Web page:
Chum salmon are processed at Taku Smokeries in June 2011.

Chum salmon are processed at Taku Smokeries in June 2011.

Juneau rises in commercial fishing rankings, now No. 41 port in U.S.

Juneau is now the No. 41 fishing port in the United States, according to a new report published Wednesday by the National Marine Fisheries Service. That’s up from No. 44.

The annual Fisheries of the United States report shows Juneau received 17 million pounds of seafood in 2015, down from 19 million pounds in 2014 and 20 million in 2013.

The national report always covers the previous calendar year, which means it doesn’t include the results of this year’s disastrous pink salmon run and mediocre chum salmon run.

[With poor pink salmon run, legislator seeks disaster aid for Southeast fishermen]

In 2015, the Southeast salmon fishery — which makes up the vast majority of Juneau’s landings — was slightly larger than it was in 2014, according to figures from the Alaska Department of Fish and Game.

David Harris, the area management biologist for Fish and Game, said that even though the numbers were about the same in Southeast overall, they were distributed differently than the year before. Southern Southeast had higher returns than northern Southeast. That would have affected where in Southeast the fish were delivered.

“The fact that Juneau would have a lower landing would reflect something with our local processors,” he said.

That theory is supported by the figures in the new report, which show Petersburg with 70 million pounds of seafood landed in 2015, up 5 million pounds.

Nationwide, American ports received 9.718 billion pounds of seafood last year, up from 9.486 billion in 2014. Even though Juneau received less seafood last year, it fared better in the national rankings because more of the seafood was concentrated in fewer ports.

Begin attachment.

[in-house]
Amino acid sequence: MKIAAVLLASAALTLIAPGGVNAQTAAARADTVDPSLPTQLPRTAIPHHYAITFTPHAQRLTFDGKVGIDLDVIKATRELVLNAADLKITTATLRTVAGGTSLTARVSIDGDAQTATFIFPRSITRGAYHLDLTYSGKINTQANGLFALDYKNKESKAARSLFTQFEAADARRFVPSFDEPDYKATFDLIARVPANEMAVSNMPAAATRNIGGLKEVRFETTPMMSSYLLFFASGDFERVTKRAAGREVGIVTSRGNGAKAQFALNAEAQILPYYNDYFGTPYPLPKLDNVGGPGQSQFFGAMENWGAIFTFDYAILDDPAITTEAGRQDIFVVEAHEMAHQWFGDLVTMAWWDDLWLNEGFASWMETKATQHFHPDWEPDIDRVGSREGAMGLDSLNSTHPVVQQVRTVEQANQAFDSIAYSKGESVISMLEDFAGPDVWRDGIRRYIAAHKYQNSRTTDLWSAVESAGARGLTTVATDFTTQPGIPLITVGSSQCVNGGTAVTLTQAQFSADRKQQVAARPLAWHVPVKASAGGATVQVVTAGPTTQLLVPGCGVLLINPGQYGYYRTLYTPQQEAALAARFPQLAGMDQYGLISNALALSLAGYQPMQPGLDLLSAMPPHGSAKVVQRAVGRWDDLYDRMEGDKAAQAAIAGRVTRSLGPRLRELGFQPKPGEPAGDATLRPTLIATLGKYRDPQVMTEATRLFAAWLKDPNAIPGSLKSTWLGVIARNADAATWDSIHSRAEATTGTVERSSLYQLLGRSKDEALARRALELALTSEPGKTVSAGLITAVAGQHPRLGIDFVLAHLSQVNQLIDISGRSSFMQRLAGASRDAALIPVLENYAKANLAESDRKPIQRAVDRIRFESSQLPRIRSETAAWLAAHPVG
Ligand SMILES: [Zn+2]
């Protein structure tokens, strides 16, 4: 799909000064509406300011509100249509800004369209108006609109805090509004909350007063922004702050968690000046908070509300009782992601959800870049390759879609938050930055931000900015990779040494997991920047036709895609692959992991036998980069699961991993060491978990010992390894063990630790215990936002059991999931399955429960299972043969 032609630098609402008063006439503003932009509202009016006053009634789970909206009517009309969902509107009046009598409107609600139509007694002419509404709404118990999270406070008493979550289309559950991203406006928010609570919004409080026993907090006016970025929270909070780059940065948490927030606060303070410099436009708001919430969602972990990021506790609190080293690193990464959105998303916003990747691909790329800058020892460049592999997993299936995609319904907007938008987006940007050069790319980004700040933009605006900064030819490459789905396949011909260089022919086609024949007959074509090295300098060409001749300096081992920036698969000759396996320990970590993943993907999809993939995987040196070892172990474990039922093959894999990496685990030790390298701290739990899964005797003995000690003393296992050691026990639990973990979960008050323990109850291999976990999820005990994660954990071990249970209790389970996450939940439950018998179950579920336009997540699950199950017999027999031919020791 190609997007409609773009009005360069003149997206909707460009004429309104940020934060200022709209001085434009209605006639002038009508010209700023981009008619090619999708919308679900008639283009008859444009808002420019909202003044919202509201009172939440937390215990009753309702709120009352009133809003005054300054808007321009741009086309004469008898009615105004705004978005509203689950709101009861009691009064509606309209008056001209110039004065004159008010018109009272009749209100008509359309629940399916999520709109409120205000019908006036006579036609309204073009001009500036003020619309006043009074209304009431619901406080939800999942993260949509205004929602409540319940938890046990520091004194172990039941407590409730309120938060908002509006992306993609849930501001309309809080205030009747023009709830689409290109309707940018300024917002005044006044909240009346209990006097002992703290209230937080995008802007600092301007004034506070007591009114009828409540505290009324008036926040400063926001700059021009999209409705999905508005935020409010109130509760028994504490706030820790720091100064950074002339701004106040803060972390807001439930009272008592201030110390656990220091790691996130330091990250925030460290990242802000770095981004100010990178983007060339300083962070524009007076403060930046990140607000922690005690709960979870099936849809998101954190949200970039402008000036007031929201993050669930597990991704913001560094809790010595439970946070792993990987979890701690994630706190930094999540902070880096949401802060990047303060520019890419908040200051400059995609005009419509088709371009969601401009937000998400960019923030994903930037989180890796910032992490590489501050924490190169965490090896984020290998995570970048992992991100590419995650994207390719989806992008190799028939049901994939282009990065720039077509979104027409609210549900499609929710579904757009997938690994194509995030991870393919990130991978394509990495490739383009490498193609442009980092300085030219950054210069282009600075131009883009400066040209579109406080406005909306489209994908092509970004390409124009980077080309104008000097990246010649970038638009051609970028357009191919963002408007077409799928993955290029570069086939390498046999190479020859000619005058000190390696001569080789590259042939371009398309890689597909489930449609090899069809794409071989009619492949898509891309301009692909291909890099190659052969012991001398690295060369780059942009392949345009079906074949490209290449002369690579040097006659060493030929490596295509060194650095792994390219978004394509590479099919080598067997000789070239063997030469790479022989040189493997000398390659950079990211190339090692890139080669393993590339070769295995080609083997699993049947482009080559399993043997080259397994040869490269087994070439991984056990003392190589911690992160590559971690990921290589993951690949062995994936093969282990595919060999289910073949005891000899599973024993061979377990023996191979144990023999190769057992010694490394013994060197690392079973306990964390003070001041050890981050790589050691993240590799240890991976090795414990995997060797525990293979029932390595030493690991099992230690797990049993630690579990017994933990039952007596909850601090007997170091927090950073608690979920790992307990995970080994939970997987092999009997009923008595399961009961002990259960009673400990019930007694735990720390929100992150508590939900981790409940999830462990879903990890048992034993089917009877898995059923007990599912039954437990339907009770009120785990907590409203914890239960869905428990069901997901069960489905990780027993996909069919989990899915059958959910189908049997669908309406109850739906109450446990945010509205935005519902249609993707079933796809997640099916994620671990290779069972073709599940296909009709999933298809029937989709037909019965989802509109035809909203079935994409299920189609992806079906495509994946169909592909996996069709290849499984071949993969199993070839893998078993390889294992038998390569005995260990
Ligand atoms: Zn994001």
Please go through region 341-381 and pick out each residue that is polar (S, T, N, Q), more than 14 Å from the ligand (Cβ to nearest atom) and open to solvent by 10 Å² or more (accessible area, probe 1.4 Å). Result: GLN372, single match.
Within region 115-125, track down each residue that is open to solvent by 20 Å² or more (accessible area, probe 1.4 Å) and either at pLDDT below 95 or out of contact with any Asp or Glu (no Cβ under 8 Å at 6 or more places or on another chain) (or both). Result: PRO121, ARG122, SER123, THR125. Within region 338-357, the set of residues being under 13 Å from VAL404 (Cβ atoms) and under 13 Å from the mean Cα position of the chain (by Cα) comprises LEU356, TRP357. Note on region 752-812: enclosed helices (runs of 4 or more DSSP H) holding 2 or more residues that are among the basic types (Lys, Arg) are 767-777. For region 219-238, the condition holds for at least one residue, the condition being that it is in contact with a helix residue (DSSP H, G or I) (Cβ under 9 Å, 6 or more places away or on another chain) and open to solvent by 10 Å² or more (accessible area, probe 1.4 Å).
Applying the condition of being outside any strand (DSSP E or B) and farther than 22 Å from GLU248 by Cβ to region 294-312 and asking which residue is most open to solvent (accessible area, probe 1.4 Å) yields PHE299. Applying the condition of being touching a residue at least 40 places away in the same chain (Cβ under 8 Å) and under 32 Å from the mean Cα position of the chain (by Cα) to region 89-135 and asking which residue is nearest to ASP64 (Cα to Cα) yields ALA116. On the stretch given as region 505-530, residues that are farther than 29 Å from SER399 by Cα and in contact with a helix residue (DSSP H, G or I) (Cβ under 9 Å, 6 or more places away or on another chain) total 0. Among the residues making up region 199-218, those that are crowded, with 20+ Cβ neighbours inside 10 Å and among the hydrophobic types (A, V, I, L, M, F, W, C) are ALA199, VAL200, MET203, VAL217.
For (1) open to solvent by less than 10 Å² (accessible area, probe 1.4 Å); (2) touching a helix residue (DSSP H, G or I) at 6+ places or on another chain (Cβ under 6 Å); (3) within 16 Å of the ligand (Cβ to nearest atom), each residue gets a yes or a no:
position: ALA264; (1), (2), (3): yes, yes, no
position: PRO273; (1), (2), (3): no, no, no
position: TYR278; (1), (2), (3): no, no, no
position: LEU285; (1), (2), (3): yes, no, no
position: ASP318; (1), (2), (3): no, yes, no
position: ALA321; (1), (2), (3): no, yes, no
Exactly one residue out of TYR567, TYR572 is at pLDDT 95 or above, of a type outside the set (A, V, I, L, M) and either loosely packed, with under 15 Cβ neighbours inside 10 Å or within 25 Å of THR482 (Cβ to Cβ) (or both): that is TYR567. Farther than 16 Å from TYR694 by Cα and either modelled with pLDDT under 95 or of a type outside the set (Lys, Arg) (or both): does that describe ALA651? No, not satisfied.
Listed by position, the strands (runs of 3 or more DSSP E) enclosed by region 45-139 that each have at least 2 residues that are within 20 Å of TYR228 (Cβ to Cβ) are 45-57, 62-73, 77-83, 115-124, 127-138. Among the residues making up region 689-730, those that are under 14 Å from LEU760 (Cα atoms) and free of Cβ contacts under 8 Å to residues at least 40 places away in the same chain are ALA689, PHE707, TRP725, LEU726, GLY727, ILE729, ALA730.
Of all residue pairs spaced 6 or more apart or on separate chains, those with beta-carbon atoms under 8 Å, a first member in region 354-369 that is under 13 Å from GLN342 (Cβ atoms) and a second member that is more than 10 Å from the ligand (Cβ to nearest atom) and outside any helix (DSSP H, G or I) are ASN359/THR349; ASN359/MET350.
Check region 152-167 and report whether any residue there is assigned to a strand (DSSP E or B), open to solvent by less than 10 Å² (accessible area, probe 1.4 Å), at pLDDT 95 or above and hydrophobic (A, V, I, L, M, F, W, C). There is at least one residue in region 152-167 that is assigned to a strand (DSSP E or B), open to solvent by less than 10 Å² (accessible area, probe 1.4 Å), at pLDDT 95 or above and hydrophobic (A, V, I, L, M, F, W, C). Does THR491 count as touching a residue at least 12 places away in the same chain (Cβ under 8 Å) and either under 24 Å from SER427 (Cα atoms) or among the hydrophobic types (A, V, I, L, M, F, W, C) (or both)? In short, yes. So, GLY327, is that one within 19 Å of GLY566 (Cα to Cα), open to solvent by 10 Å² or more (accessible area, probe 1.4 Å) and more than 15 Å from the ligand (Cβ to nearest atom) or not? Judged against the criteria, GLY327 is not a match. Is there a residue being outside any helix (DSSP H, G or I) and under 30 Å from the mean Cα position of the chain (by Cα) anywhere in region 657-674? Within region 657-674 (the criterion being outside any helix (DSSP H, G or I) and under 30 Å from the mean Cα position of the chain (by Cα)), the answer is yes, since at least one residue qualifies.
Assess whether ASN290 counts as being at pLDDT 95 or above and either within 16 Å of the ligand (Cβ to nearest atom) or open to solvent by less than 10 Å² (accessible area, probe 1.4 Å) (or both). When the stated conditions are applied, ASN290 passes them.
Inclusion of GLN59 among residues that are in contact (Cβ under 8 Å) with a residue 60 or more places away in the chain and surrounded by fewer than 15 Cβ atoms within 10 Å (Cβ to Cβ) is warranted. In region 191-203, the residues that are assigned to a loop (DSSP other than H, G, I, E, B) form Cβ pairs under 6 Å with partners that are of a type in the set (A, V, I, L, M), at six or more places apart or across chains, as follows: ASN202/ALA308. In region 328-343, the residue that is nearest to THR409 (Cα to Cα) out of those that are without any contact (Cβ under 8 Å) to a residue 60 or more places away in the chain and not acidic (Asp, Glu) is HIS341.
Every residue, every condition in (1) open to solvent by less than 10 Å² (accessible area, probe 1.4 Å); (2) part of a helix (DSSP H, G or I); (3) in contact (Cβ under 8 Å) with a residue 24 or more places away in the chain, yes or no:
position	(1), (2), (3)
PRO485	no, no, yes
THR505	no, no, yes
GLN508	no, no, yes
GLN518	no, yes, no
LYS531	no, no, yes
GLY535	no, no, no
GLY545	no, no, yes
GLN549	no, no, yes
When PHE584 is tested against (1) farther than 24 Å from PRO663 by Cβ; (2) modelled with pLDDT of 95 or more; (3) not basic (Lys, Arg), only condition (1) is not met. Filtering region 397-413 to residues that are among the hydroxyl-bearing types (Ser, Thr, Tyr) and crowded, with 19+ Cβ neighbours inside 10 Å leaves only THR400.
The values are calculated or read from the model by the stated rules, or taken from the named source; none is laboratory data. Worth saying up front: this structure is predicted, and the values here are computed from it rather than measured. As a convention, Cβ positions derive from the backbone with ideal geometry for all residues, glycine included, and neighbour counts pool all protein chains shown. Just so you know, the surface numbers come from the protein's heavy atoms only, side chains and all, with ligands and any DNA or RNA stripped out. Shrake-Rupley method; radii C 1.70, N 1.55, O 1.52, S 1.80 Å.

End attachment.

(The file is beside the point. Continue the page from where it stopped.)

Juneau finished just behind Key West, Florida and just ahead of Galveston, Texas in the rankings by weight of seafood landed.

When rankings are made by the value of the seafood, Juneau is No. 47, with its catch worth $23 million in exvessel value.

Nationally, Alaska is the source of more than half of the seafood produced in the U.S.

“Of course, Alaska is again the shining star in this report,” said Julie Speegle, a spokeswoman for the National Marine Fisheries Service in Juneau. “We led all states in both volume and value of landings.”

More fish is landed in the 49th state (6.038 billion pounds) than in all the other states combined. Last year’s landings were a record for Alaska, as pollock — the flaky whitefish that ends up in fast-food sandwiches — increased 4 percent from the previous year. Pollock is the No. 1 species caught in the U.S., mostly carried away by catcher-processors and trawlers that work the Bering Sea and Western Gulf of Alaska. More than 3.1 billion pounds was caught in 2015.

Because of that, the top three fishing ports in the U.S. and six of the top 10 are located in Alaska. Dutch Harbor remains the No. 1 fishing port in the nation, with 787 million pounds of seafood — mostly pollock and cod — followed by Kodiak and Akutan (the latter is grouped with other Aleutian ports for recordkeeping).

Alaska Peninsula ports (a combined category), Naknek and Cordova were eighth, ninth and 10th respectively.

Dutch Harbor’s 2015 tally is a new record for single-port quantity, and this is the 19th consecutive year that it has held the top spot.

When the rankings are sorted by value, New Bedford, Massachusetts — home to a significant scallop fleet — is the No. 1 port in the nation, followed by Dutch Harbor and the Alaska ports. Honolulu, Hawaii, the No. 37 port by landings is sixth in the country by value.

Gillnetters set their nets in Lynn Canal for salmon in June 2013.

Gillnetters set their nets in Lynn Canal for salmon in June 2013.

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